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I've lost count of the times people – including a surprising number of colleagues in media companies – roll their eyes at the mention of Twitter. "No time for it," they say. "Inane stuff about what twits are having for breakfast.
A screenshot from TweetDeck showing, left, a recent #Edchat stream and, right, the #Engchat stream at the same time. Like other groups with shared interests, from epidemiologists to James Joyce fans to locked-out N.F.L. players, teachers are turning to Twitter to collaborate, share resources and offer each other support. Many, in fact, are using it to take professional development into their own hands, 140 characters at a time.
This post has kindly been shared by Best Colleges Online where it first appeared on their blog. Between the cat images and celebrity porn, the Internet actually manages to boast educational potential. Considerable educational potential, in fact. Even that Twitter thing the kids are into these days, with its 140-characters and its perpetual haze of pound signs, has its uses. More than 28, of course, but here’s a nice little starting point. Instant feedback:
Speakers and presenters at conferences are increasingly finding their audience live tweeting during their presentation. In most cases, the presenter has no clue about what the audience is saying on Twitter . This leads to a disconnect between the true thoughts of the audience in contrast with that of the presenter. In order to avoid such scenarios, you can incorporate Twitter within your PowerPoint presentation both to be an active participant as well as to gather feedback from the audience. Timo Elliott of SAP Web 2.0 has developed several free Powerpoint Twitter tools. Download the tools for MS Office from the download page for your version of MS Office and unzip the archive.
10 Ways To Become A Better Online Learner 5.36K Views 0 Likes There are some quick and easy ways to become a better online learner.
While I was principal for 3 years I dealt with a lot bullying/behavior issues related to social media. Finally, I swore it off as a hassle that led to many discipline issues. I swore up and down that I would never use social media such as Twitter or the like.
Twitter is the home of UKEdChat, a new forum for teachers to ‘meet’ weekly to discuss education topics. Photograph: Iain Masterton/Alamy It's Thursday evening and hundreds of teachers are engrossed in a training session. The topic is pupils using mobiles in class; more than 1,000 questions and answers are pinging back and forth. "If students text in your lesson and aren't engaged, leave the profession – you're not cutting it," says one. "The kit in their pockets is often better than school equipment," says another.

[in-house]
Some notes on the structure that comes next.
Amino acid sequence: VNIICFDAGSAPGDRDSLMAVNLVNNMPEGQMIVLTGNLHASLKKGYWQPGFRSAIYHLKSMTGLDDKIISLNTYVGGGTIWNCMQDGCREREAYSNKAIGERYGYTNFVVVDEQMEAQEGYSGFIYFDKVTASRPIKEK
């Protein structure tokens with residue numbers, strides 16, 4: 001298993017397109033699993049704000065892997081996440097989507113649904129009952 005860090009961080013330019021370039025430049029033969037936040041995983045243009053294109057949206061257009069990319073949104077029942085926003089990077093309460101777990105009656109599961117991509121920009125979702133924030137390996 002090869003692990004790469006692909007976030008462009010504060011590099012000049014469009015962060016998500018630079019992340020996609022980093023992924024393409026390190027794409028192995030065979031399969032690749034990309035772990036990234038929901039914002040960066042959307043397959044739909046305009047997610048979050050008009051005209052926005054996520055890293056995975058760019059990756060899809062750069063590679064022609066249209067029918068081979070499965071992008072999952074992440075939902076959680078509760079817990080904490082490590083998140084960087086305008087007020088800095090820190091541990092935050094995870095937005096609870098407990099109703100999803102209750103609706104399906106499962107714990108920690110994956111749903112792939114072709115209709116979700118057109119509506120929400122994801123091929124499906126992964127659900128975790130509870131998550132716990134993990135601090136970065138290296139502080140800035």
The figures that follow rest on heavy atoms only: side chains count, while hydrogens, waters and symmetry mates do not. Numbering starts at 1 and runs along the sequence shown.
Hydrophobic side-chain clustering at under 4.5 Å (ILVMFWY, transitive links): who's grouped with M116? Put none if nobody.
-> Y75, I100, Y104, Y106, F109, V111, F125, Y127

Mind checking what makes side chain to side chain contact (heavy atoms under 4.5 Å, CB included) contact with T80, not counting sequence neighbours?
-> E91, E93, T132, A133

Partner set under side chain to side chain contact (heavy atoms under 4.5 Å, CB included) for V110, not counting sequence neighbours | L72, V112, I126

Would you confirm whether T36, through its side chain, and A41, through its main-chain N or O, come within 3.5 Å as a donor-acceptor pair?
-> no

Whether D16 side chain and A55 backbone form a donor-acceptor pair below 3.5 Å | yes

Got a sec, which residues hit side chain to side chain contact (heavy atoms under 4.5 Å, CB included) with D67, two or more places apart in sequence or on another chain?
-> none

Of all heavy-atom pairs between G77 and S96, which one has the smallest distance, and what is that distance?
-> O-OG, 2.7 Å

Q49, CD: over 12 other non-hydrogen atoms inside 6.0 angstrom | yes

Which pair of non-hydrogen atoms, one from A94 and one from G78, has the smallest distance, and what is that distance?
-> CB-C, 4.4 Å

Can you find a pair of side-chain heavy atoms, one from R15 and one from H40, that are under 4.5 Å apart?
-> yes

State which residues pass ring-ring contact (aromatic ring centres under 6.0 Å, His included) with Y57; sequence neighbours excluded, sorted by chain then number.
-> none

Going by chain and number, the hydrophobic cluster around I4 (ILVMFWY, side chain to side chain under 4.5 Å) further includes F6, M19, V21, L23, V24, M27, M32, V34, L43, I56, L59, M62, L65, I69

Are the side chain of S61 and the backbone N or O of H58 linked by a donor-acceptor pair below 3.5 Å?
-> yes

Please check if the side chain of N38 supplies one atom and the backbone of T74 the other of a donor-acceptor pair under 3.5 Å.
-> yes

- for me that is the first port of call for finding out about anyone. I look for involvement with education and teaching. So make sure that your profile, including a picture, is well updated as it helps others who might be looking to connect with you. – profile sorted, now just get started. Write about how your lessons have gone, a great website you have used today (add the link, everyone loves looking at new web resources), a good digital camera you have in school, problems with your network, revelations from your pupils.
“It's a perfecting of a feeling in language – it's a way of saying more with less, just as texting is. “We've got to realise that the Facebook generation is the future – and, oddly enough, poetry is the perfect form for them.” Asked if poetry would survive in the “age of Twitter and BlackBerry Messenger”, she said: “I think increasingly in this century poetry is probably the literary form that will last the most. “Poems are the original text messages in that they use language in a very concise way and I think they will become more relevant in this century than in the last century. “We are reading less now than we did and a lot of young people spend a lot of time in front of a computer on Facebook or tweeting.
As social media and social networks become a larger part of our online lives, the race to become the default identity platform for the social web continues to intensify, with Facebook, Twitter and Google all hoping to control — and profit from — the ways that users connect to various services. Although Facebook and Google both have massive resources to deploy in this battle, venture capitalist Mark Suster of GRP Partners argues that Twitter stands the best chance of becoming the go-to identity player for many users, and there are some pretty compelling reasons to believe he’s right. As we’ve described before at GigaOM, the biggest and earliest moves in the identity arena have come from Facebook, with the launch of Facebook Connect and then the Facebook “open graph” platform, which allowed websites to integrate with the social network for login purposes.
Twitter is one of the most popular social networking site out there. About 500,000 people sign up on it everyday. People usually have a lot of followers and also follow a lot of people themselves. This simply means a lot of noise, which can be quite annoying. The good news is that a lot of good tools are present out there that will help you cut through the noise and get to the most useful things.